President Donald Trump said on Monday that China is ready to come back to the negotiating table and the two countries will start talking very seriously.Politicsread more
The escalating trade war between Washington and Beijing dominated discussions at the G-7 gathering in France.Politicsread more
The latest round of tariff announcements in the last few days means that by the end of the year, essentially all Chinese goods exported to the U.S. will be subject to duties.China Economyread more
Futures fell after Trump said the U.S. will raise tariffs on more than $500 billion worth of Chinese imports, increasing trade tensions.Marketsread more
As Washington and Beijing continue to up the ante in their protracted trade fight, the potential of a recession in the U.S. is now "the biggest concern," according to Standard...US Economyread more
Tensions stemming from the U.S.-China trade war escalated sharply over the last few days, with much happening as Asian markets were shut down for the weekend.China Economyread more
Clouding the G-7 gathering, which represents the world's major industrial economies, are the tit-for-tat tariffs between Washington and Beijing.Politicsread more
Neither the U.S. nor China wants to be seen as the party that derailed trade talks, says William Reinsch of Center for Strategic and International Studies.World Economyread more
China said Friday it will be resuming 25% duties on U.S. autos, and a further 5% on auto parts and components.Asia Marketsread more
World leaders, environmental groups and celebrities have publicly decried the vast swaths of forest being destroyed by the fires.World Newsread more
Education Minister Ong Ye Kung says the Singapore government has been preparing for the challenge of an aging workforce "for the past 20 years."Employmentread more
The booming U.S. economy appears to be reducing dependence on federal health insurance for the poor.
Medicaid enrollment fell for the first time since 2007, declining by about 0.6 percent in fiscal year 2018, and states don't expect to see much growth in enrollment next year, according to a Kaiser Family Foundation report released Thursday.
States are budgeting for a "minimal" increase of 0.9 percent in 2019, Kaiser said in its annual 50-state survey of Medicaid.
"States largely attribute the enrollment slowdown to a strengthening economy, resulting in fewer new low-income people qualifying for Medicaid," said Kaiser, a nonprofit group that focuses on health care and health policy.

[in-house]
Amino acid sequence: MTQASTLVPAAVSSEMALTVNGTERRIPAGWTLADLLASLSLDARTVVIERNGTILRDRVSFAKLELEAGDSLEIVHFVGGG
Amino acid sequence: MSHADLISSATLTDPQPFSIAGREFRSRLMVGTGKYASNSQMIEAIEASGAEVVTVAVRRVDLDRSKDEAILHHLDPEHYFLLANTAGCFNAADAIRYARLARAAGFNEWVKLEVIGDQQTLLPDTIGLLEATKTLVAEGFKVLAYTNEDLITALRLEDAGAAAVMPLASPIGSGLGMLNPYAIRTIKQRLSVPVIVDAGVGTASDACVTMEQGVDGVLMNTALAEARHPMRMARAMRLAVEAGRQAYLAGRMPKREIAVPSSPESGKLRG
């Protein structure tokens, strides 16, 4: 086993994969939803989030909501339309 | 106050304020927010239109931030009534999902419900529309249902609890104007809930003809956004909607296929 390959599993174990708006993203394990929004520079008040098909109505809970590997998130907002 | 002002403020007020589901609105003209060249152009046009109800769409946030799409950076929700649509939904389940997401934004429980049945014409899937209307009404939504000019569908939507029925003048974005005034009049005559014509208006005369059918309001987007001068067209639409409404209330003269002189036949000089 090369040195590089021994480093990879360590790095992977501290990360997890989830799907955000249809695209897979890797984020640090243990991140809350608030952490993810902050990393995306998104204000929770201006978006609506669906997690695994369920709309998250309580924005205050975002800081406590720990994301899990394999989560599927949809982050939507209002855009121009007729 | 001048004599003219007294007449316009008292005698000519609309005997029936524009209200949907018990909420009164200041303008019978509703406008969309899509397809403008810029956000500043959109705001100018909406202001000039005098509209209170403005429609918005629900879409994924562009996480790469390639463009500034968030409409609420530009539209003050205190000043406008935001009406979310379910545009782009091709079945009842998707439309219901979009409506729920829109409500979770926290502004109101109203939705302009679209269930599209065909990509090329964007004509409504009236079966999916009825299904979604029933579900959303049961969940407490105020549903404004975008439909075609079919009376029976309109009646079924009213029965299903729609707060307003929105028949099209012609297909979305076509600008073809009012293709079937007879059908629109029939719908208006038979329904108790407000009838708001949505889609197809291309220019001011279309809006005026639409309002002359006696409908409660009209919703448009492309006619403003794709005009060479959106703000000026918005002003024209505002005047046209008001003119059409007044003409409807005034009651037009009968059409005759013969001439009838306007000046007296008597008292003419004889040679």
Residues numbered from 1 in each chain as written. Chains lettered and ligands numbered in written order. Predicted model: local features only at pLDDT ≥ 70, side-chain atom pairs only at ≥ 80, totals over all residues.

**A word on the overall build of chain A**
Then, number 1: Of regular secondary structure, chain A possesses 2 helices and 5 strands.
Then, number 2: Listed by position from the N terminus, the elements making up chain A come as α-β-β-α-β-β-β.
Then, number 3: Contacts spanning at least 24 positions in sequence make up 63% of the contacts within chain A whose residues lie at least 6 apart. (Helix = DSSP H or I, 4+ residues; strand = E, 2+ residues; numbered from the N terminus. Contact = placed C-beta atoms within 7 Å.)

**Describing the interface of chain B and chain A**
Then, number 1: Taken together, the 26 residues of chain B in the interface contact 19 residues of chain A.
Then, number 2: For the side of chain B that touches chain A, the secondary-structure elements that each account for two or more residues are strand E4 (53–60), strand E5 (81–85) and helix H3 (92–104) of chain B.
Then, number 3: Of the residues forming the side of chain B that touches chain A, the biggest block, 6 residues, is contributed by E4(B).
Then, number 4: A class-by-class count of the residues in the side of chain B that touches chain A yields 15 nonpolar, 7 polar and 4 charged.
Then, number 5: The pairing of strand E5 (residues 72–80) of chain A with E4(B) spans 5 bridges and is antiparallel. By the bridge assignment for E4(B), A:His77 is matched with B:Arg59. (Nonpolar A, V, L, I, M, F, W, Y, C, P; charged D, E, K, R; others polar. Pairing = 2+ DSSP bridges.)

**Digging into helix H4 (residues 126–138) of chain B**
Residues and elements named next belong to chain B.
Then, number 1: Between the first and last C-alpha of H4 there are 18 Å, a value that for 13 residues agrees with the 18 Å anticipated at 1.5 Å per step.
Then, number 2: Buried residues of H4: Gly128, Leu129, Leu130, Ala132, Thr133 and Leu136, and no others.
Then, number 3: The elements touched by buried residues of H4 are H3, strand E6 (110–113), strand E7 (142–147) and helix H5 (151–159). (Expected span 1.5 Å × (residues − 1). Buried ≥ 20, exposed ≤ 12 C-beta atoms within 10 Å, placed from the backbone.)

While crediting the strong economic growth during the Trump presidency, the report also pointed out that the administration is urging states to "add work requirements to Medicaid that are likely to result in enrollment declines." Some of the work requirements approved by the administration have resulted in some Medicaid recipients losing coverage.
Federal and state Medicaid spending still grew despite the drop in enrollment. Combined federal and state spending rose by 4.2 percent in fiscal 2018, similar to the previous year's increase, Kaiser said. States expect a 5.3 percent jump in spending for 2019.
"The gap between enrollment and spending growth in part reflects lower enrollment growth for children and adults, who are relatively inexpensive to cover, compared to seniors and people with disabilities, who have more expensive needs," Kaiser said.
The report also listed other factors that contributed to the rise in spending, including more expensive prescription drugs and states spending more money to treat substance abuse and mental health.
The Labor Department nonfarm payrolls report for September showed the unemployment rate fell two-tenths of a percentage point to 3.7 percent for the month, the lowest level in nearly 50 years. Average hourly earnings showed a 2.8 percent year-over-year increase, in line with estimates.
Medicaid enrollment saw sharp increase in 2013, which coincided with the launch of the Obamacare exchanges, as well as the expansion of eligibility for Medicaid in many states as part of the Affordable Care Act.
President Donald Trump has threatened to repeal ACA.
— CNBC's Bertha Coombs contributed to this article.